The Early Modern Commons

Search Results for "menstruation"

Your search for posts with tags containing menstruation found 10 posts

Good to Meet You

This week, Early Modern Medicine’s contributing editor, Sara Read, chatted to The Guardian newspaper as part of their Good to Meet you series. The interview mentions her first monograph Menstruation and the Female Body in Early Modern England,...
From: Early Modern Medicine on 17 Jan 2017

Tales from the archives: Green sickness, red plants

In September, The Recipes Project celebrated its fourth birthday. We now have over 470 posts in our archives and over 117 pages for readers to sift through. That’s a lot of material! (And thank you so much to our contributors for sharing such a...
From: The Recipes Project on 22 Nov 2016

A dose of witchcraft

Coming down with a dose of Witchcraft -– a Halloween special Witches were a real presence in early modern lives. Many elderly women healers risked accusations of witchcraft. Indeed new midwives, for example, had to swear an oath that they would not...
From: Early Modern Medicine on 29 Oct 2014

Like an alien in a strange old world – Reading Mesopotamian medical texts on women’s healthcare

By Ulrike Steinert Decoding medical cuneiform texts often makes you feel a bit like a detective who has entered a mysterious, foreign world of words and ideas. Not few of my Assyriologist colleagues would probably favour other topics, rather than …...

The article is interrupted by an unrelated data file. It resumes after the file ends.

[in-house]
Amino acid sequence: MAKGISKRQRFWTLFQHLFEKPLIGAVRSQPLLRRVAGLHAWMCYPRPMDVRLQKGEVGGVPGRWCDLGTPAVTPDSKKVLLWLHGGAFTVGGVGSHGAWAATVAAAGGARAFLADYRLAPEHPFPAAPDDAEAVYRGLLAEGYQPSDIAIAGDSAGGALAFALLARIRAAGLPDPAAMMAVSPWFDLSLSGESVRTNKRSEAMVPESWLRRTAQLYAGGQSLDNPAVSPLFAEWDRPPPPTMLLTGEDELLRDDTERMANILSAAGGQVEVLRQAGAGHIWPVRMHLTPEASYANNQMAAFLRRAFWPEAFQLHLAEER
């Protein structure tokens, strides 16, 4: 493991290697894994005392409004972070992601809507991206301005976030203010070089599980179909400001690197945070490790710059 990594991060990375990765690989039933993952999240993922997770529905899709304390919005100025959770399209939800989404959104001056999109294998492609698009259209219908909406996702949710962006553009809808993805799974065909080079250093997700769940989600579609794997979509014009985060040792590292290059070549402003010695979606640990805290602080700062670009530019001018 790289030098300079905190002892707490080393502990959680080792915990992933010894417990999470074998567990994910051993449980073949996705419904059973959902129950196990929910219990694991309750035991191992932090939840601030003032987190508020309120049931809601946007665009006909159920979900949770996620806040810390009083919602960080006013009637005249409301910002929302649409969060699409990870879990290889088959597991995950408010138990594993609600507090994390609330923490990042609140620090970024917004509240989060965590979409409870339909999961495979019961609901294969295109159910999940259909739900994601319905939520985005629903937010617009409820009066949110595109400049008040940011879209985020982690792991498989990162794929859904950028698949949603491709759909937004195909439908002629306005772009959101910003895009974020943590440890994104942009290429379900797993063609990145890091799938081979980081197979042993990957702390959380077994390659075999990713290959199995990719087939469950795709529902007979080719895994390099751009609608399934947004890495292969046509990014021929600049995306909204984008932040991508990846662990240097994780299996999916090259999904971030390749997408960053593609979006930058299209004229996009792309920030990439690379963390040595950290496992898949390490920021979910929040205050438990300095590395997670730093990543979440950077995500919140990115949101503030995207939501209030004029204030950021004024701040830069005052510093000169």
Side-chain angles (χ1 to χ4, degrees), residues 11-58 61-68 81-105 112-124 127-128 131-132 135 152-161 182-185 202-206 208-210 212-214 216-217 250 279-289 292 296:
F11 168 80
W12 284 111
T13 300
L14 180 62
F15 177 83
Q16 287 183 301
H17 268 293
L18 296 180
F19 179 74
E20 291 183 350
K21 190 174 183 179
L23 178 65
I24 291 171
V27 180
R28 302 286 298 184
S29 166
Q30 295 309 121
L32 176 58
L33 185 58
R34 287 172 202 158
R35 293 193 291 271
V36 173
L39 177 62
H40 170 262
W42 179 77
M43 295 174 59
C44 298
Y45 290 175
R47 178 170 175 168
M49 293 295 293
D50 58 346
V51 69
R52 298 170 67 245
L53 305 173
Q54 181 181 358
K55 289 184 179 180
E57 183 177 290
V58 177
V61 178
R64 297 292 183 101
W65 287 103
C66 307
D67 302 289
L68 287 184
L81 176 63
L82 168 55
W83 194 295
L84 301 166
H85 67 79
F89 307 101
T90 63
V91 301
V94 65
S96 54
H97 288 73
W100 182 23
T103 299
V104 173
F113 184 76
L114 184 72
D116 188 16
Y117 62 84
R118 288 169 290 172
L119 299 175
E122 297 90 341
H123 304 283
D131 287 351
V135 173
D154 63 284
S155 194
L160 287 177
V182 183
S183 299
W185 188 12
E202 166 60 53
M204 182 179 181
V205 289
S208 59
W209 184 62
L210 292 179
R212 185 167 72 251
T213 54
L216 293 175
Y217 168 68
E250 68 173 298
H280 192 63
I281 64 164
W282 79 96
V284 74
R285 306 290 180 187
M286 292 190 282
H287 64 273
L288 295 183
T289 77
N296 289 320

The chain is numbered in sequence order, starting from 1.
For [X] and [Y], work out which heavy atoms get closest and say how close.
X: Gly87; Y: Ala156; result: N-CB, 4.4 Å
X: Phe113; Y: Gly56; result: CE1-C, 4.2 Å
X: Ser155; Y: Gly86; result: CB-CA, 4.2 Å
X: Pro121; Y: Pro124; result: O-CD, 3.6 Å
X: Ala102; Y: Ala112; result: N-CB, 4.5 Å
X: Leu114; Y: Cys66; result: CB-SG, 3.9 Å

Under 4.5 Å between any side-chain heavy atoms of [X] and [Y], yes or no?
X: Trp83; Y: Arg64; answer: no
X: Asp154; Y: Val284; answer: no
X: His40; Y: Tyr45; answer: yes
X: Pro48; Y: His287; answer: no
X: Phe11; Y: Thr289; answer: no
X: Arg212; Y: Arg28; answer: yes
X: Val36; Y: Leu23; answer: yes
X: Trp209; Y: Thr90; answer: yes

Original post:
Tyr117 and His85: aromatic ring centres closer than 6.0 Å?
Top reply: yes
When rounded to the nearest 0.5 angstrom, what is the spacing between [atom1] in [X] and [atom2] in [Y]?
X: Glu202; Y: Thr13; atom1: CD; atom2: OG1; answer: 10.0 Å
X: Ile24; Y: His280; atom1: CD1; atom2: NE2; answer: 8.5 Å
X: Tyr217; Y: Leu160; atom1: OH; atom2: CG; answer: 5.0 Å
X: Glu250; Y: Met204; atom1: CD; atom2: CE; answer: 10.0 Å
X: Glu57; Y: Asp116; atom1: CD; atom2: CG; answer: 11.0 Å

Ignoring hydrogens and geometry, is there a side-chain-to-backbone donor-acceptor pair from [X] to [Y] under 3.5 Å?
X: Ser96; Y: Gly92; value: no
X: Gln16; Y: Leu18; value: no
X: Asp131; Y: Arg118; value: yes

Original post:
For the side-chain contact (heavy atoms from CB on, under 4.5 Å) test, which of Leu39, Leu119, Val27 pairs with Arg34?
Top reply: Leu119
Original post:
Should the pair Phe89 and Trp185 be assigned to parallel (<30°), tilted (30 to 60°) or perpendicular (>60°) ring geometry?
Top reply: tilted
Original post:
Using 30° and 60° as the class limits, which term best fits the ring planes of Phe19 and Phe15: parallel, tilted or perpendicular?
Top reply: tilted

From: The Recipes Project on 10 Mar 2014

Perceptions of Pregnancy

Next summer myself and Dr Ciara Meehan will be hosting a conference on the perceptions of pregnancy from the medieval period to the modern at the University of Hertfordshire. Here is the call for papers and a link to the conference website: Perceptions...
From: Early Modern Medicine on 18 Oct 2013

The Blundells and Bloodletting

Dr Sara Read In the next part of our occasional series on early modern therapeutics, this week’s post looks at phlebotomy or bloodletting. As we’ve discussed before, blood was one of the four main bodily humours and early modern people saw keeping...
From: Early Modern Medicine on 9 Oct 2013

Nosebleed: the many virtues and names of Yarrow

By Gabriella Zuccolin Before starting my research on anomalous bleeding and vicarious menstruation in medieval and Renaissance medicine, I was already well aware that according to Hippocrates, Aphorism V.33, “in a woman when there is a stoppage the...
From: The Recipes Project on 24 Sep 2013

Therapies: Pessaries a Solid Medicine

Dr Sara Read In the second of our occasional series on the kinds of therapeutic treatments that early modern medicine had to offer, we are going to look at the pessary. In 1583 Philip Barrough explained what a pessary was: Pessarie is a medicine which...
From: Early Modern Medicine on 7 Aug 2013

An Unusual Case of Menstruation in Eighteenth-Century England

“Mrs Wilson’s Case”, undated and unsigned, appears in the final volume of Hans Sloane’s Medical Correspondence and Cases (Sloane MS 4078, f. 372). Mrs Wilson’s troubles began the previous spring. She noticed in May that her tongue was occasionally...
From: The Sloane Letters Blog on 8 May 2013